Opera for Mac

"If you like to try alternate browsers, just for a change of pace, you might give Opera a try," Jim Hamm gets our attention.  

        "Here is a brief review of Opera 15 (updated 11-22-15 by John Carter). I've been using it for just a short time and first impression: it's okay. As with any different browser, there is a learning curve, and Opera has its own nuances.
        "Some examples:  I imported all my Bookmarks from Safari, but you have to do a bit of searching to do this. In Opera: file > import > Finder > Applications > Safari > Bookmarks.plist; some items like History and Bookmarks are hidden. In the lower left corner of the window is where you click the icon for 'Panels' and a row of panels open up on the left side of the window to display History, Bookmarks and other items.
        "One difference in Opera is an aggravation which I don't like and may preclude me from using this browser so often is the way Opera handles Gmail. I use the web-based Gmail as my email client and when I compose an email a 'compose' box appears and overlays, partially, the Gmail main window.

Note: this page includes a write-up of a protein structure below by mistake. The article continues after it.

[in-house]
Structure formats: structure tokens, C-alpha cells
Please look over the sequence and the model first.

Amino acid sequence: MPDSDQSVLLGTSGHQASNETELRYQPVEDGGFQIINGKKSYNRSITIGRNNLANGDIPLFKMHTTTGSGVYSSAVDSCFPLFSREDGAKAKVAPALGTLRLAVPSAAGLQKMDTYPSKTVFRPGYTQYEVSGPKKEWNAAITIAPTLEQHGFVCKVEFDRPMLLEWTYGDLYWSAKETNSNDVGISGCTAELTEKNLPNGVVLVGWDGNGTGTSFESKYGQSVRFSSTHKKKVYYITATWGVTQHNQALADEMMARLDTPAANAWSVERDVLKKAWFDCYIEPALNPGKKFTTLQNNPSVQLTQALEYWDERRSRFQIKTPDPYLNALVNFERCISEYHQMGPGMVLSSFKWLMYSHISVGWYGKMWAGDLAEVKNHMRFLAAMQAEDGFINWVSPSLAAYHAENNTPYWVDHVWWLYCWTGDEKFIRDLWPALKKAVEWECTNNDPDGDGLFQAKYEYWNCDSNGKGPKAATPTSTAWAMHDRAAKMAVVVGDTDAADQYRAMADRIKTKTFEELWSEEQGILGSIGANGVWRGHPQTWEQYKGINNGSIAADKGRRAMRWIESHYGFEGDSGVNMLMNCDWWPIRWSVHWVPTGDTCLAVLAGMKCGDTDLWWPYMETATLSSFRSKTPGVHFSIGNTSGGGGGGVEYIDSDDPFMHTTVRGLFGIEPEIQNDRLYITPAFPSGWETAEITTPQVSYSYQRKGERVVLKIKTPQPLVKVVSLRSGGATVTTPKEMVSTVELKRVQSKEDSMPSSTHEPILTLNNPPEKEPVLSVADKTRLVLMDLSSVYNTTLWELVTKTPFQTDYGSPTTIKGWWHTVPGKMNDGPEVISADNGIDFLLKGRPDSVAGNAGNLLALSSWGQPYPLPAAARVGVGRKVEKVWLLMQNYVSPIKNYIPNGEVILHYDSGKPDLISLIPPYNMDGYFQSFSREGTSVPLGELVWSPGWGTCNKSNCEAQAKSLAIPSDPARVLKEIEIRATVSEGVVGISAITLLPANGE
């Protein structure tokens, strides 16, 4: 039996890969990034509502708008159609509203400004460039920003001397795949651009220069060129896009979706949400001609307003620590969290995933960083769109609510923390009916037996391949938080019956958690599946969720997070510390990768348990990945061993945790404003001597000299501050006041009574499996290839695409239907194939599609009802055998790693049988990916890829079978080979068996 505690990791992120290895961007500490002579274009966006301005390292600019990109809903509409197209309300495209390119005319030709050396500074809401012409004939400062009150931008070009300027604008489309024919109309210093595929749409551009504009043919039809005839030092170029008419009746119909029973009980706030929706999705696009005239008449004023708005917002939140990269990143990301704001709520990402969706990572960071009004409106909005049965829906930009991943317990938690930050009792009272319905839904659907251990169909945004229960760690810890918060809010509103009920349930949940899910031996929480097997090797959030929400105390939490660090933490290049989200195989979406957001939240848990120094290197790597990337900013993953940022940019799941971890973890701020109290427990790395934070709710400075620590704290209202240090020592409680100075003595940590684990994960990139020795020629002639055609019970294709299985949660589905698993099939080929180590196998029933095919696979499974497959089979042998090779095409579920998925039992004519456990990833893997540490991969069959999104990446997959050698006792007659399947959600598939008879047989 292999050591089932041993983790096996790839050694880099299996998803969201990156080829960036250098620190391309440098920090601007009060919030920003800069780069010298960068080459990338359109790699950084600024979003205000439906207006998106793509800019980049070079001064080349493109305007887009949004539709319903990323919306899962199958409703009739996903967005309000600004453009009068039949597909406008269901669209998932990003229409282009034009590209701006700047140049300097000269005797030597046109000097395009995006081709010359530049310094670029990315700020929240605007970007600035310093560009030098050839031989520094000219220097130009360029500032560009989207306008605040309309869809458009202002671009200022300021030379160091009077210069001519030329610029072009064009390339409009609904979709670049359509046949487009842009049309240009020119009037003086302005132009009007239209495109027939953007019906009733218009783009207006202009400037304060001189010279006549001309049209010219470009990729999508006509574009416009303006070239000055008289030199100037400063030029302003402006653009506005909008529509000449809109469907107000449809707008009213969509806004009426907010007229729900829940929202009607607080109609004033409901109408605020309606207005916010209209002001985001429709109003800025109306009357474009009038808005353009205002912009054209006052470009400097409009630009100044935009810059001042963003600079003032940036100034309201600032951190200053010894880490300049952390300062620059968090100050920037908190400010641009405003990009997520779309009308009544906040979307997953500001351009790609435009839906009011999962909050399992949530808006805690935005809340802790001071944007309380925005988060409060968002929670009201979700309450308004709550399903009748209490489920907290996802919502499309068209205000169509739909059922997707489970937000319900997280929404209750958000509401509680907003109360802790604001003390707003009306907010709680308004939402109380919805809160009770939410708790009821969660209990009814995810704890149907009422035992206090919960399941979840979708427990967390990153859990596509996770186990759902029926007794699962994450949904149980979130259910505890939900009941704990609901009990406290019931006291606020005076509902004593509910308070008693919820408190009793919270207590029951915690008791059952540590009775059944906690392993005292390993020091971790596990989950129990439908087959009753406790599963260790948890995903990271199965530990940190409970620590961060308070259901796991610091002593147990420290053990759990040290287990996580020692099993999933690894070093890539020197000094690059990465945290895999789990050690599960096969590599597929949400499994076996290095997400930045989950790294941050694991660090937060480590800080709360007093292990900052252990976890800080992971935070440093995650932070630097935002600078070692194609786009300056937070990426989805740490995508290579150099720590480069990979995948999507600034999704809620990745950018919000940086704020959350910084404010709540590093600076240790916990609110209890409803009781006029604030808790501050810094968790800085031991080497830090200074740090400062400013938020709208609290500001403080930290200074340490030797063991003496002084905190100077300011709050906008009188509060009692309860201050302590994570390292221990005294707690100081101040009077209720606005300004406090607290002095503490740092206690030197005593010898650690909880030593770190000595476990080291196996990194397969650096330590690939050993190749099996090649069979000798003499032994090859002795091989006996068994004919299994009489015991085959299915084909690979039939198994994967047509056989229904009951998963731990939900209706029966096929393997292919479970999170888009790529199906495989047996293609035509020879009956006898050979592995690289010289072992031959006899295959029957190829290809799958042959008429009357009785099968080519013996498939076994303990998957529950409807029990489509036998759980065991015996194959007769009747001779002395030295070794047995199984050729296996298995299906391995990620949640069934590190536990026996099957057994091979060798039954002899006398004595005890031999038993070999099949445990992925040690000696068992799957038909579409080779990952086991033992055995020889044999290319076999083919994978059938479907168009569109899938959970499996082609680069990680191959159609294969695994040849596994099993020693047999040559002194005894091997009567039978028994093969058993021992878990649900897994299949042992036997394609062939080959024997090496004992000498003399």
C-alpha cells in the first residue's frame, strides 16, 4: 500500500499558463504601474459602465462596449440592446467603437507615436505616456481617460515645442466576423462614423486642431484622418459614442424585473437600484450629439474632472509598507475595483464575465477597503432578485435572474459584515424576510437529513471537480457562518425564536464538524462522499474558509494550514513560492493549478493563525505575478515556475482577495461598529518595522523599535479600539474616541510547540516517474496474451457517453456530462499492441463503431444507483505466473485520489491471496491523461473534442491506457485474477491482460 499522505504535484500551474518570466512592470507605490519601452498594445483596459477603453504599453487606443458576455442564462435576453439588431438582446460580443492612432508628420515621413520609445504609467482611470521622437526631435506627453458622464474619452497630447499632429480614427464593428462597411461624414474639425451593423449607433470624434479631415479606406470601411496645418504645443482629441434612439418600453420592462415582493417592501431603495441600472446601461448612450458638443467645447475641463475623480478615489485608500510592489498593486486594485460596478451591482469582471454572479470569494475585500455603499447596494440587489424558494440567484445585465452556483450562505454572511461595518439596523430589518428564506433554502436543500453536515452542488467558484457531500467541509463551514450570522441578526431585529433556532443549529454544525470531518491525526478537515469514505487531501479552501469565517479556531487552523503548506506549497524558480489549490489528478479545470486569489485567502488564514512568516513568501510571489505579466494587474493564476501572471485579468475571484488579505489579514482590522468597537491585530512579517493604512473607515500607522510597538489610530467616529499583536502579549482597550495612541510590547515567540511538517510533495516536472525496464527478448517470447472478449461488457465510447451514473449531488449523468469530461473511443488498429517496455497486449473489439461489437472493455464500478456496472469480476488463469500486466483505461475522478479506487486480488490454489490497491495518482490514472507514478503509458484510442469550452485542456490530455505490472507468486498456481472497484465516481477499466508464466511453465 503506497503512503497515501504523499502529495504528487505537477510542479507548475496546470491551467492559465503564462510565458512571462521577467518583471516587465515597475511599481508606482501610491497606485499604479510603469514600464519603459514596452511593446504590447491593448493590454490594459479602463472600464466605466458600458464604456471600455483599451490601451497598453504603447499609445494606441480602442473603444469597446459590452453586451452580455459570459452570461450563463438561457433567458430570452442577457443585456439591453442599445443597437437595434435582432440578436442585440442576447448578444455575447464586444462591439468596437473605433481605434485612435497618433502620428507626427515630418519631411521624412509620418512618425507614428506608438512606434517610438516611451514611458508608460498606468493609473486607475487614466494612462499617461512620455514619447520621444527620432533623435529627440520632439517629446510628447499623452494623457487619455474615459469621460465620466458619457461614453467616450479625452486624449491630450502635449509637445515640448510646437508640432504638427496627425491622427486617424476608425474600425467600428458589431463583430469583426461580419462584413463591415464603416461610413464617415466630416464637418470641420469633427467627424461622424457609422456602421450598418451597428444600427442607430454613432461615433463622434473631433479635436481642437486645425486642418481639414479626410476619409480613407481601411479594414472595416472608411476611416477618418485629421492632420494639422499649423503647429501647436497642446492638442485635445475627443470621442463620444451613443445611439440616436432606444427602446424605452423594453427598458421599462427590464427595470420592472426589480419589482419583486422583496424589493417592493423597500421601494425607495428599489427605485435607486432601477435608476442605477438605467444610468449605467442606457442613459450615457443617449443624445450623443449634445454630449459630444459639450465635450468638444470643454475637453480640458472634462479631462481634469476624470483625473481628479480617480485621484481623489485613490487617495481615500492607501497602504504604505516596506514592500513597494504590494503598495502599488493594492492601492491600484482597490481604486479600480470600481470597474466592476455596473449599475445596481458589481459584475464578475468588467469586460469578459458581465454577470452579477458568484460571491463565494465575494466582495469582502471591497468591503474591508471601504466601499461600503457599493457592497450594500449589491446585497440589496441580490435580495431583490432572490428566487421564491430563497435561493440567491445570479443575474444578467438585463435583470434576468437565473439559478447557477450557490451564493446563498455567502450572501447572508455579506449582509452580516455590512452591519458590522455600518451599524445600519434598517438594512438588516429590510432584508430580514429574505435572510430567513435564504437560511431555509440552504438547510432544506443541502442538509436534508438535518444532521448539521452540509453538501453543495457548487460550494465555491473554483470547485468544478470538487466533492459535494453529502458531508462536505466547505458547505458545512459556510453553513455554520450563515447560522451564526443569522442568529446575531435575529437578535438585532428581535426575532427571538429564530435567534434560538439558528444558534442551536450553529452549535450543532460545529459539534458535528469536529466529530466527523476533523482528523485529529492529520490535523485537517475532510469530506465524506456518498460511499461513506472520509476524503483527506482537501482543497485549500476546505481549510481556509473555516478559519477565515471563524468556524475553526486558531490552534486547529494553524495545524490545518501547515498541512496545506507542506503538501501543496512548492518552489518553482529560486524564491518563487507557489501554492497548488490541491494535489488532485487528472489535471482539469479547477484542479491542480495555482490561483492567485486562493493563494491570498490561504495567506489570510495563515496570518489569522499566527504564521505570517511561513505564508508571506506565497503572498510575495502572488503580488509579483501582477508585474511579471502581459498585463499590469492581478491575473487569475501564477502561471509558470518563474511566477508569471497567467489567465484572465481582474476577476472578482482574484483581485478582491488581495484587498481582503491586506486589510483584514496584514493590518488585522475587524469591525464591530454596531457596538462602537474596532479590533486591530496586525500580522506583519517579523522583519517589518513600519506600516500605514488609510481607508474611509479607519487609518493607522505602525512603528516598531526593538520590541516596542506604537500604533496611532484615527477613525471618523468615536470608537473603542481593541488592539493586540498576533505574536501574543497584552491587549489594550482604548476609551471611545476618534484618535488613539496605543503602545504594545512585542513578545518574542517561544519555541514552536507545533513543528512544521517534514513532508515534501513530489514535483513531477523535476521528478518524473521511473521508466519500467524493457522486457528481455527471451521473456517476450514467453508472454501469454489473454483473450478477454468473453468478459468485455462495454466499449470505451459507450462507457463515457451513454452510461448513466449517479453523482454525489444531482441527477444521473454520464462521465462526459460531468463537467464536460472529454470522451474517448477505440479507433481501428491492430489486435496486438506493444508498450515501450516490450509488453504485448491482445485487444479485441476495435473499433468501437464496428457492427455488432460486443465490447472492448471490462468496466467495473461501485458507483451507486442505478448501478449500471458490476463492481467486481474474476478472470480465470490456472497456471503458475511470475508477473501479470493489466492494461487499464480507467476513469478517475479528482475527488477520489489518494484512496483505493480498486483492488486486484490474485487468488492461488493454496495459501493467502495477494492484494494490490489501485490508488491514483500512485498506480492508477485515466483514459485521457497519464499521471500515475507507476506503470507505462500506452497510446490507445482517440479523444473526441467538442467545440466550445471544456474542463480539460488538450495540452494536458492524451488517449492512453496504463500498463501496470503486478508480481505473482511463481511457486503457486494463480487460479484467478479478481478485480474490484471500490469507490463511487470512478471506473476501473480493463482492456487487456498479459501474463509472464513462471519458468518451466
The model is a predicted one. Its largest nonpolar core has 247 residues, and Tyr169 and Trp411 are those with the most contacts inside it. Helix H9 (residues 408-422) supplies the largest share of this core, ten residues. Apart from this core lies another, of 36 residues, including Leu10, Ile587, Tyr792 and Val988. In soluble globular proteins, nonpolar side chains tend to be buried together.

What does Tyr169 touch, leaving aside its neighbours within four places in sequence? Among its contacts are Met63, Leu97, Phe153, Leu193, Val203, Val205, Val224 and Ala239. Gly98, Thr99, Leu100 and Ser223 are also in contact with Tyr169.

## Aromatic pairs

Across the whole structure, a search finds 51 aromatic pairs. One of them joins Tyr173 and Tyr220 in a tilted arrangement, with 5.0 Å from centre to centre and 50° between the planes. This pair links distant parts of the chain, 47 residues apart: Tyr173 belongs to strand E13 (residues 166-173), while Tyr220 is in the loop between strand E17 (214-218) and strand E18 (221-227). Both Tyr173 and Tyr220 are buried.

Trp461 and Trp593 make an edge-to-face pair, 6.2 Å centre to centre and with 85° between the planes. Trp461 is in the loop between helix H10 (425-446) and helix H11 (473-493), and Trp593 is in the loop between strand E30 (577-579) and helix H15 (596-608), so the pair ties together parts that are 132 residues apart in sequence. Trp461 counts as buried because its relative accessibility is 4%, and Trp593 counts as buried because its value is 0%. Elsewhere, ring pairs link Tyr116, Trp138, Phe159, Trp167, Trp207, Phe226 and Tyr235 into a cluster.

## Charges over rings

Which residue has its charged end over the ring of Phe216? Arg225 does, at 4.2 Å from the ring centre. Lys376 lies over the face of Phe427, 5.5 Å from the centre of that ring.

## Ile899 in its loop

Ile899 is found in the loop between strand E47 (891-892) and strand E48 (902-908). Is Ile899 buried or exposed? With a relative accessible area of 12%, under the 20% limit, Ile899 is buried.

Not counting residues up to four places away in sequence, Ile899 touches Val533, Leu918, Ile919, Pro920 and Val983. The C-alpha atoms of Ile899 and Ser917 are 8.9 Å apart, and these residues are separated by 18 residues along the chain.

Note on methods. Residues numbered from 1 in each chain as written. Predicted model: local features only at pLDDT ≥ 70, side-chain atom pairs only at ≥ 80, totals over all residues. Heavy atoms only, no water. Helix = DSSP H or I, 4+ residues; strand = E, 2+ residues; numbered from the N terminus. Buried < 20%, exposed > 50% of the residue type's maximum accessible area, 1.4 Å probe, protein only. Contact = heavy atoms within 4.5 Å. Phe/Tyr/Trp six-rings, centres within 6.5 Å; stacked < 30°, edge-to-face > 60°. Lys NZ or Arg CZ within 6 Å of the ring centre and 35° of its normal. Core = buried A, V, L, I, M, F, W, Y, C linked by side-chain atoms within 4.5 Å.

"Fine, and so far so good. I start typing in the box and want to get a link to something on a website — I go and copy the link and return to Gmail — the compose box is gone! Now where did it go?
        "Gmail saves a draft of a compose message every few seconds so I go to the Draft Inbox and there is my message I was composing. I click it but can't type in it. Frustrating, and what good is a draft if you can't use it? After some more head-scratching I minimized the open Opera window and there are my drafts, stacked on top of the other. I start typing again and need to go and get another link from a website. I've got to maximize the Opera window again, get the link, minimize Opera, then start typing in the compose box again. Not good.
        "All my other browsers keep the dialog box open right in the Gmail window. I'll do a bit or research to see if there isn't a way around this nuance.
        "As to speed, Opera is fine, and it has a feature called 'Turbo Boost', which is, in theory, supposed to speed up loading web pages even faster. I'll give it, and other features, a try as I play around with Opera some more."
        Jim wraps up his critique with this, "Any compelling reason to switch to Opera as your primary browser? In a word, no. But if you like to play around with a new program, you might give Opera a try."